Ban on women footballers wearing hijab to be lifted
Saturday, 03 March 2012
March 3 - The ultra-conservative International Football Association Board (IFAB), comprising FIFA and the four British Home Associations, rarely if ever reverses its decisions but made an exception here today by unanimously agreeing to lift the ban on the Islamic headscarf being worn by female footballers, pending health and safety checks.
Muslim women will therefore be cleared to wear the headscarf in international football from July following the historic decision taken at the IFAB's annual meeting, held at an exclusive hotel and spa complex here in Surrey, England.
FIFA's youngest and most progressive Executive Committee member Prince Ali Bin Al Hussein of Jordan had led the campaign to overturn the ban on the hijab on safety grounds and gave a persuasive demonstration on revolutionary non-zipped Velcro-designed headscarves that were deemed 100 per cent safe.
Prince Ali is understood to have received significant backing from English Football Association chairman David Bernstein, who chaired the meeting, to make sure the issue received a full airing.
The IFAB has, down the years, been highly protective of standard football kit.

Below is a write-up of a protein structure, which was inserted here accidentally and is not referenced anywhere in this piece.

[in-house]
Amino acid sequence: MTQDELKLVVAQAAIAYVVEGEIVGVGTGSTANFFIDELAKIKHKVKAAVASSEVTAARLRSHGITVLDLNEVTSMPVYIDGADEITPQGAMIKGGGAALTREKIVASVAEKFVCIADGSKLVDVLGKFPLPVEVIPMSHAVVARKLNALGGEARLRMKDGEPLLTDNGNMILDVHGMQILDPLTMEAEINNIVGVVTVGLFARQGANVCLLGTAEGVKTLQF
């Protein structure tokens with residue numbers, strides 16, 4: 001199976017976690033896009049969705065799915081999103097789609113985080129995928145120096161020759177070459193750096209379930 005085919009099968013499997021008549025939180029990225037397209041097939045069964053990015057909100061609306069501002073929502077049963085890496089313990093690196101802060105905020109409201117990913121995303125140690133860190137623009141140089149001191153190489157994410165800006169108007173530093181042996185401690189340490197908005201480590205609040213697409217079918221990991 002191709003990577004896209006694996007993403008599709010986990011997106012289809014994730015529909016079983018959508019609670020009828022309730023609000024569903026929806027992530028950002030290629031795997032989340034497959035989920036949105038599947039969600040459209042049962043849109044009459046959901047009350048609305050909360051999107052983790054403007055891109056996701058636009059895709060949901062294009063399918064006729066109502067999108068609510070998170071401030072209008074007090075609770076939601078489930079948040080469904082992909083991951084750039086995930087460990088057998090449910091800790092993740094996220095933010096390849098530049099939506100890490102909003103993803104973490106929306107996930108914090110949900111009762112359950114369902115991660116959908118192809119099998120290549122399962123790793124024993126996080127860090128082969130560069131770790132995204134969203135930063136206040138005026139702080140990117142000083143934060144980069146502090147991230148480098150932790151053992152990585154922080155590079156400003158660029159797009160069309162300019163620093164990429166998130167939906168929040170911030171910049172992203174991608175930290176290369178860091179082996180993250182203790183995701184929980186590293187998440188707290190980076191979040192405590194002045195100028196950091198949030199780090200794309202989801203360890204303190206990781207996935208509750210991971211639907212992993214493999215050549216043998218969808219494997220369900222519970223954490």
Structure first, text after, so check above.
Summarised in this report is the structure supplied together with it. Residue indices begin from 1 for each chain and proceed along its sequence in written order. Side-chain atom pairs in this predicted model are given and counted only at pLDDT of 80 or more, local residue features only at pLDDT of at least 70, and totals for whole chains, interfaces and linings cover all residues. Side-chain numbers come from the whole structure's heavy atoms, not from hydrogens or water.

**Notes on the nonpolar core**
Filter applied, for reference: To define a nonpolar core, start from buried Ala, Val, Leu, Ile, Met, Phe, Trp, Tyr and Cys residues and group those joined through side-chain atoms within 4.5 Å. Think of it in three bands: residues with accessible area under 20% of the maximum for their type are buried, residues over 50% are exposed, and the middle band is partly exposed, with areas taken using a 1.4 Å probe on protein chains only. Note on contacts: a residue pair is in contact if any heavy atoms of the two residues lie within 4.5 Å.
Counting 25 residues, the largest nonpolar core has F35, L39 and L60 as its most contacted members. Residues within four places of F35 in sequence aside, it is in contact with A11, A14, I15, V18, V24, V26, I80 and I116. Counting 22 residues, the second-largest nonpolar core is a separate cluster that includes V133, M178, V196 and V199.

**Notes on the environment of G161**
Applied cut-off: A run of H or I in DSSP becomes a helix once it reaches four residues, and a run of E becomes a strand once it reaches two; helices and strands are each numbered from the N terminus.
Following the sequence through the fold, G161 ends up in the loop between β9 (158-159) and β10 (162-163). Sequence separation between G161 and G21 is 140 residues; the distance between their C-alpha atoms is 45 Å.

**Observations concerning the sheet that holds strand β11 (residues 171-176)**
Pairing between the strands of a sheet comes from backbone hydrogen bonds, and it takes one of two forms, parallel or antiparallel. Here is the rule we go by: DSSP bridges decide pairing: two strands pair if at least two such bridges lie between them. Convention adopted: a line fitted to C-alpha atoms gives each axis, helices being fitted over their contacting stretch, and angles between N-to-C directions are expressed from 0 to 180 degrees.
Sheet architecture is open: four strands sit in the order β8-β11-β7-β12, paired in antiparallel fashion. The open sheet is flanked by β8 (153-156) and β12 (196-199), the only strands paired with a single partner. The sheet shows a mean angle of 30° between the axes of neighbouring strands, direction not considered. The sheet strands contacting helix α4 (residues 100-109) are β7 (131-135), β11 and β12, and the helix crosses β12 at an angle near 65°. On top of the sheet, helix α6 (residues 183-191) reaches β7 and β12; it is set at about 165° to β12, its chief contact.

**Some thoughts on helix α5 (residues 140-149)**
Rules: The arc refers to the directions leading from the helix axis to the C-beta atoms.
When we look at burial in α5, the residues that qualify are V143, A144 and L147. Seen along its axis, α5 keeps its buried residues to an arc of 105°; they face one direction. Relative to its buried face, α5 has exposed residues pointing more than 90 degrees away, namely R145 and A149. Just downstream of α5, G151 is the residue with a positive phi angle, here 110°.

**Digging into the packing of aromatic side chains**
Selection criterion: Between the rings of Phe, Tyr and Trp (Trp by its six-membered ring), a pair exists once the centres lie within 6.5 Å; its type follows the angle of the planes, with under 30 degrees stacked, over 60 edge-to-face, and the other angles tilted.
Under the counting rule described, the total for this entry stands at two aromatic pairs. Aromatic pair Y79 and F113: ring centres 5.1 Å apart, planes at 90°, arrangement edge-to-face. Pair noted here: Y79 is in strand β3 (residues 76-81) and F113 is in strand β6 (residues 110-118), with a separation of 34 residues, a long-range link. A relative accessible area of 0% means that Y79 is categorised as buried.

But the headscarf issue hit the headlines last summer when Iran's women's team had to forfeit their Olympic qualifiers after refusing to remove their hijabs.
That was the day before Prince Ali officially took up his role on the FIFA Executive Committee and, since the incident occurred in his native Jordan, he launched a personal campaign to force a change of attitude.
"I am deeply grateful that the proposal to allow women to wear a headscarf in football was unanimously endorsed by all members of IFAB," the Prince told reporters after today's hearing.
"I am confident that once the final ratification in the July Special Meeting of IFAB takes place, we will see many delighted and happy players returning to the football field and playing the game that they love."
FIFA general secretary Jerome Valcke was keen to stress that FIFA had not been pressured into supporting a change of heart.
"We had a lot of letters from around the world but that was not the basis of the decision," he said,
"It was based on a report and what the four members and FIFA felt about this issue had nothing to do with what the United Nations said to FIFA.
"After all, we don't say anything about Syria to the United Nations.
"It was purely a football issue."
Approval was also granted to the English FA's proposal to have a two-year experiment on rolling substitutes in amateur football, considered hugely important in terms of bringing more grass-roots players into the game.
A recommendation to allow a fourth substitute to be used during extra-time was thrown out but lawmakers did agree that players red-carded for denying a goalscoring opportunity should not necessarily be suspended in future.
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